The twins are the only young boys who stay with Ralph and Piggy to tend to the fire after the others abandon Ralph for Jack’s tribe. The others consider the 2 boys as a single individual, and Golding protects this perception by integrating their individual names into one (“Samneric”). Here one might find suggestions about individualism and human uniqueness.

Roger

Among the hunters and the guard at the castle rock fortress, Roger is Jack’s equivalent in cruelty. Even before the hunters degenerate into savagery, Roger is boorish and crude, kicking down sand castles and tossing sand at others. After the other young boys lose all concept of civilization, it is Roger who murders Piggy.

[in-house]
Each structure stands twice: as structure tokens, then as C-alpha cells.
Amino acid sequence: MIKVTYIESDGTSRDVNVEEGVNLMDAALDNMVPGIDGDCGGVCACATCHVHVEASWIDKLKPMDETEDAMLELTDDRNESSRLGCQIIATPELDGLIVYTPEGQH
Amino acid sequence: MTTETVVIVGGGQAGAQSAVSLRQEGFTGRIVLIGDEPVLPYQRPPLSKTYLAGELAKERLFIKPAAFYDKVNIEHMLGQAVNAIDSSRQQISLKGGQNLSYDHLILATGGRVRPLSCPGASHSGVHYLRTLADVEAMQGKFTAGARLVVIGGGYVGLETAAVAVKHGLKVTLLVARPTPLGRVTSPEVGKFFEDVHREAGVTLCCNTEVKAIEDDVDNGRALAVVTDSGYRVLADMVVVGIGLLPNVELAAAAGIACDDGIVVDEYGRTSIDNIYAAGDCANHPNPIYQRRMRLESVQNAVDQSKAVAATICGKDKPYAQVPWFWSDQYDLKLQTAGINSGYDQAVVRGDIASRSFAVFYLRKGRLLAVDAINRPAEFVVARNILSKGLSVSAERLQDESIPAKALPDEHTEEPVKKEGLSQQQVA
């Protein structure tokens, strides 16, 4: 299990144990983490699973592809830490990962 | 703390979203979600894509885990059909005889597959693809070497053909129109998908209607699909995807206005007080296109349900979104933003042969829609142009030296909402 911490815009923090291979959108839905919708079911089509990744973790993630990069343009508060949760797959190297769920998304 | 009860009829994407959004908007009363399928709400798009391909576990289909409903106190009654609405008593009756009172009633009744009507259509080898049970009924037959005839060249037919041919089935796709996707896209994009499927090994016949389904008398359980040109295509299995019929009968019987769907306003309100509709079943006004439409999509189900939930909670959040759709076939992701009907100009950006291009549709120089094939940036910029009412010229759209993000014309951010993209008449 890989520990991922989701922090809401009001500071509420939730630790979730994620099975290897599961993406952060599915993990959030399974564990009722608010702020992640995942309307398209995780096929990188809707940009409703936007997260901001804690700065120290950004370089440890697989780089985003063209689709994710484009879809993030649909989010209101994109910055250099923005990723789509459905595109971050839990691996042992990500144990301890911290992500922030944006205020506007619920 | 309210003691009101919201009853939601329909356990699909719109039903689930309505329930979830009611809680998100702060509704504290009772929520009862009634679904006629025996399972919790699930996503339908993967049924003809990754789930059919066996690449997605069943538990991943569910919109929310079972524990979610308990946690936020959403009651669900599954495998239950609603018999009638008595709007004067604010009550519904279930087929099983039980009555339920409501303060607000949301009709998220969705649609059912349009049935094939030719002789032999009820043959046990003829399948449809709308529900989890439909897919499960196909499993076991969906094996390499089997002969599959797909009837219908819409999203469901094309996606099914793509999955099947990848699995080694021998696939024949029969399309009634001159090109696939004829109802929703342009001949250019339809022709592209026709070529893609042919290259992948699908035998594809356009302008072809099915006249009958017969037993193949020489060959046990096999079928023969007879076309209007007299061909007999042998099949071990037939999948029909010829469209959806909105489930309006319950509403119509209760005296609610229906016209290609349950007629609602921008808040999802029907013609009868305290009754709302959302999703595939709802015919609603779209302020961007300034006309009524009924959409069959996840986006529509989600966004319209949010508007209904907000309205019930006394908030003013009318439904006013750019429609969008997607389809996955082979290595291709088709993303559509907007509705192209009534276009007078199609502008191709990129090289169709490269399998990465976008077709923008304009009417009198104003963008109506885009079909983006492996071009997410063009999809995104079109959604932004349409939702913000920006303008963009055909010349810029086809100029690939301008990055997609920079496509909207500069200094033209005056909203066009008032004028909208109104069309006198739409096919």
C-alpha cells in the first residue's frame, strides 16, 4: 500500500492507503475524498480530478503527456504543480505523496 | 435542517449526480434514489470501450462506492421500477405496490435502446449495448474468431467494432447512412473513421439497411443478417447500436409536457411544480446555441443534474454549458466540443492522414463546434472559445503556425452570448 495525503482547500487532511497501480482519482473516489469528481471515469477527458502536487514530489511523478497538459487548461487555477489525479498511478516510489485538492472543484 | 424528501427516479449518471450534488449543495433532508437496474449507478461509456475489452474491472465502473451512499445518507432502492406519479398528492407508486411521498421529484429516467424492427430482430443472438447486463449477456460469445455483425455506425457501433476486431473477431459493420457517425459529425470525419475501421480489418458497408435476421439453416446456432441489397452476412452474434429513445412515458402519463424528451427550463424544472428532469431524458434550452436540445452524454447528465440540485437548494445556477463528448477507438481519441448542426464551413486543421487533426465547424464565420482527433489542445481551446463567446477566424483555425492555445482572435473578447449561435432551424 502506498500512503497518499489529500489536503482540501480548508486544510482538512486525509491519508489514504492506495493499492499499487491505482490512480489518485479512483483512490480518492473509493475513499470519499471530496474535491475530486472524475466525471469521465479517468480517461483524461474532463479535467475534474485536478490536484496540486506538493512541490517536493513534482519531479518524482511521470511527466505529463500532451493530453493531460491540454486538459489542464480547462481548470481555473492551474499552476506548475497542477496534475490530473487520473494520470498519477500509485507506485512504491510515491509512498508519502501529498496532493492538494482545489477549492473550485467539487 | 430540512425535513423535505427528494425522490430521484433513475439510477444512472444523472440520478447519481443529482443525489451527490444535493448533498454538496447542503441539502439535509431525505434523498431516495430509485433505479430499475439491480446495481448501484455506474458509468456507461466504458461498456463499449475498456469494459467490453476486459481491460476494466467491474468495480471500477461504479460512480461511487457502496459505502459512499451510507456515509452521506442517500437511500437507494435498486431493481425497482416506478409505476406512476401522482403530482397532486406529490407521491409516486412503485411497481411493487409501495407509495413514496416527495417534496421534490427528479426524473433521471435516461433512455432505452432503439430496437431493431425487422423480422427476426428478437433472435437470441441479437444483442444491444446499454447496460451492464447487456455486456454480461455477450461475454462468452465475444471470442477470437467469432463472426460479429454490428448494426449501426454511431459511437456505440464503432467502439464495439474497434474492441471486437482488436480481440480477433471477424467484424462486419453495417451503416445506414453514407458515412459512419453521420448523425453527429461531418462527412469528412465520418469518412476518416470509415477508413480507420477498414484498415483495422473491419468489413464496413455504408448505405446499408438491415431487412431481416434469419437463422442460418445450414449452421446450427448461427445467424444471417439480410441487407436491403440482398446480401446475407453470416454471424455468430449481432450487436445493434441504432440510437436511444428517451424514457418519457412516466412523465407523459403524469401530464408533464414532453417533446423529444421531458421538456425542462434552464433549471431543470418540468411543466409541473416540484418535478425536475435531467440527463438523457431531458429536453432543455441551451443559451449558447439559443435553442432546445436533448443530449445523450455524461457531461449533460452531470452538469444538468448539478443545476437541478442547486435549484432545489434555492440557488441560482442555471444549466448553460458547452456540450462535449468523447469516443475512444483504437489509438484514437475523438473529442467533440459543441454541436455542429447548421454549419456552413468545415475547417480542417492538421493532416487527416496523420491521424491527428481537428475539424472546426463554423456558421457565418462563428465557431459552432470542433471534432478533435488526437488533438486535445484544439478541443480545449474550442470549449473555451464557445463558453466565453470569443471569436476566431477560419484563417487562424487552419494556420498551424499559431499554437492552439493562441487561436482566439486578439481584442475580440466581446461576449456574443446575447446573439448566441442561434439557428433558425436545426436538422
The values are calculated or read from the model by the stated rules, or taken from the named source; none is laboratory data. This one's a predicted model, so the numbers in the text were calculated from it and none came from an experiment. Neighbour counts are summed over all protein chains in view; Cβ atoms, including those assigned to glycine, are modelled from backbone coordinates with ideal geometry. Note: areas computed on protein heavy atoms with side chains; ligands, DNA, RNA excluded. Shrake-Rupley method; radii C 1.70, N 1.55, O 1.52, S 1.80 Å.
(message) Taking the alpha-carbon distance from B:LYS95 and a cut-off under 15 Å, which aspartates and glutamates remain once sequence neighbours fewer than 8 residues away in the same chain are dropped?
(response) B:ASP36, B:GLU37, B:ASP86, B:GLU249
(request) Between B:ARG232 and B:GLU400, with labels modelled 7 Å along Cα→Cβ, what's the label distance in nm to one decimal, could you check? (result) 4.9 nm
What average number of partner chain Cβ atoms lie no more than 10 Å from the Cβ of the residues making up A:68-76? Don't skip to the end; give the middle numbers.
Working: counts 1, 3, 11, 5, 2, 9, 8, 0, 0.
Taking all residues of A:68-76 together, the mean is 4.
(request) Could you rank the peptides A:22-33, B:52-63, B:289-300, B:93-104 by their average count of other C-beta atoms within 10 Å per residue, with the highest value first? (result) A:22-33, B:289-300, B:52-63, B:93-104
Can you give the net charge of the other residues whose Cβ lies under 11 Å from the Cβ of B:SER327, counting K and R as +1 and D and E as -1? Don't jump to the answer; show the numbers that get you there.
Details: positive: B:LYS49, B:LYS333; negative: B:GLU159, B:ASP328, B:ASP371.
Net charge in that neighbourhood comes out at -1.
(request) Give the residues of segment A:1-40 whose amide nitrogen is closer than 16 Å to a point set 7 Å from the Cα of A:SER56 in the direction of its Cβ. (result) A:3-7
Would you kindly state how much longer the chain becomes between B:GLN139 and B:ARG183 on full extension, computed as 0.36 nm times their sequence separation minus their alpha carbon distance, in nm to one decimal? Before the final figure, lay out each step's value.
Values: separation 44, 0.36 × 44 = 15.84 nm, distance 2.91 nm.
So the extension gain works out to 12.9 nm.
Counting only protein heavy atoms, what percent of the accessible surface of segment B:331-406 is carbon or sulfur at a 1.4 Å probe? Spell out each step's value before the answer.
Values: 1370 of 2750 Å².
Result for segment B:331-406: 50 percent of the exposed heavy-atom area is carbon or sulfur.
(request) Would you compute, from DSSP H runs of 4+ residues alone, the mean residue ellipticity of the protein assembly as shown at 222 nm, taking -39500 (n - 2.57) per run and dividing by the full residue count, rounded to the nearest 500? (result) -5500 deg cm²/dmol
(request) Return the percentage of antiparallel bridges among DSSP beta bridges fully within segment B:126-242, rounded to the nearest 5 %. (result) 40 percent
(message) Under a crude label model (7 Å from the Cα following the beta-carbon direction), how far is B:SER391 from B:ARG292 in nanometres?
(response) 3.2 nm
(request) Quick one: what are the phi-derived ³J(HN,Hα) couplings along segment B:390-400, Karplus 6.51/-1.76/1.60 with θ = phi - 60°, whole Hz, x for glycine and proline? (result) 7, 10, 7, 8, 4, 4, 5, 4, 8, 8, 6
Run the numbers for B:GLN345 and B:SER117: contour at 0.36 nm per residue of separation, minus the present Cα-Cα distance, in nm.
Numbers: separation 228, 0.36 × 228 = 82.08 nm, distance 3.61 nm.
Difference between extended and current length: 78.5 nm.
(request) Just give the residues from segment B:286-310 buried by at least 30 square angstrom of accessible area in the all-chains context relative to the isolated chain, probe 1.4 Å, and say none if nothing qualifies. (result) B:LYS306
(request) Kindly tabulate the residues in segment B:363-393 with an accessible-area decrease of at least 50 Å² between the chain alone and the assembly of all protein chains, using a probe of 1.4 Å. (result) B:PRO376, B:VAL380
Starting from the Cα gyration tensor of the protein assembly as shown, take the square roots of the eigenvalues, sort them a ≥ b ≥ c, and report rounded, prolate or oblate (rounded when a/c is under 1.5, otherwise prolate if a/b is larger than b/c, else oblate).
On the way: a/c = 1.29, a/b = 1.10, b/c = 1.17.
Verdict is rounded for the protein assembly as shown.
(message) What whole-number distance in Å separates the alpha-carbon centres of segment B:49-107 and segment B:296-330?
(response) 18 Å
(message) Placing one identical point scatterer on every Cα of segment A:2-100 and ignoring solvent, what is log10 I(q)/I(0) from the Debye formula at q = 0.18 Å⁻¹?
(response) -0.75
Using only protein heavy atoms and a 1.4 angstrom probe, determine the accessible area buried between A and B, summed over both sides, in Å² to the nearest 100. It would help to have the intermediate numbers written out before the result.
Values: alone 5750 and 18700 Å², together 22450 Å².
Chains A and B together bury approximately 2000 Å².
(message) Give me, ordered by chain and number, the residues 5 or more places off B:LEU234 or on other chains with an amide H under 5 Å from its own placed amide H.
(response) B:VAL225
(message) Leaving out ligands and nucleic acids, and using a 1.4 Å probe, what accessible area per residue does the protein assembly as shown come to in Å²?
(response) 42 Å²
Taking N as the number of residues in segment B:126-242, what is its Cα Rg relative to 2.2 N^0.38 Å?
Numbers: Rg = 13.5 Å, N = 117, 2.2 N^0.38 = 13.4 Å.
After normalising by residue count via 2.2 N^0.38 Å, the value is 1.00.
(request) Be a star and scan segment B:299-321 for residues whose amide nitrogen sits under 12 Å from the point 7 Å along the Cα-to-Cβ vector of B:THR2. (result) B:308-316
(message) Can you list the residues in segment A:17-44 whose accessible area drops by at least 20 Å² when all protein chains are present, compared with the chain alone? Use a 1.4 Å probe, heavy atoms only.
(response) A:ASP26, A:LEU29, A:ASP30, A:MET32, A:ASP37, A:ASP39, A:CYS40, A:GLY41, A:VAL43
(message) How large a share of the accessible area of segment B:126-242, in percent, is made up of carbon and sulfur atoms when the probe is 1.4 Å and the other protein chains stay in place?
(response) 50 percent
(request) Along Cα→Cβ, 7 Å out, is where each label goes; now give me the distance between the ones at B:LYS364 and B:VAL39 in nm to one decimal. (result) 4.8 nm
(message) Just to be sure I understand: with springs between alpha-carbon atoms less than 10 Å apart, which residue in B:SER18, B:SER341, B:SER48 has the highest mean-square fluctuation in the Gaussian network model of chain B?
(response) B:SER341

Maurice

Throughout the hunters’ “Eliminate the pig” chant, Maurice, who is one of Jack’s hunters, pretends to be a pig while the others pretend to slaughter him. When the hunters kill a pig, Jack smears blood on Maurice’s face. Maurice represents the mindless masses.

Percival

One of the smallest boys on the island, Percival often tries to comfort himself by duplicating his name and address as a memory of house life. He ends up being increasingly hysterical over the course of the novel and requires comforting by the older boys. Percival represents the domestic or familial elements of civilization; his failure to bear in mind his name and address upon the boys’ rescue shows the disintegration of domestic impulse with the reversing of democratic order. Note likewise that in the literary custom, Percival was among the Knights of the Round Table who went in search of the Holy Grail.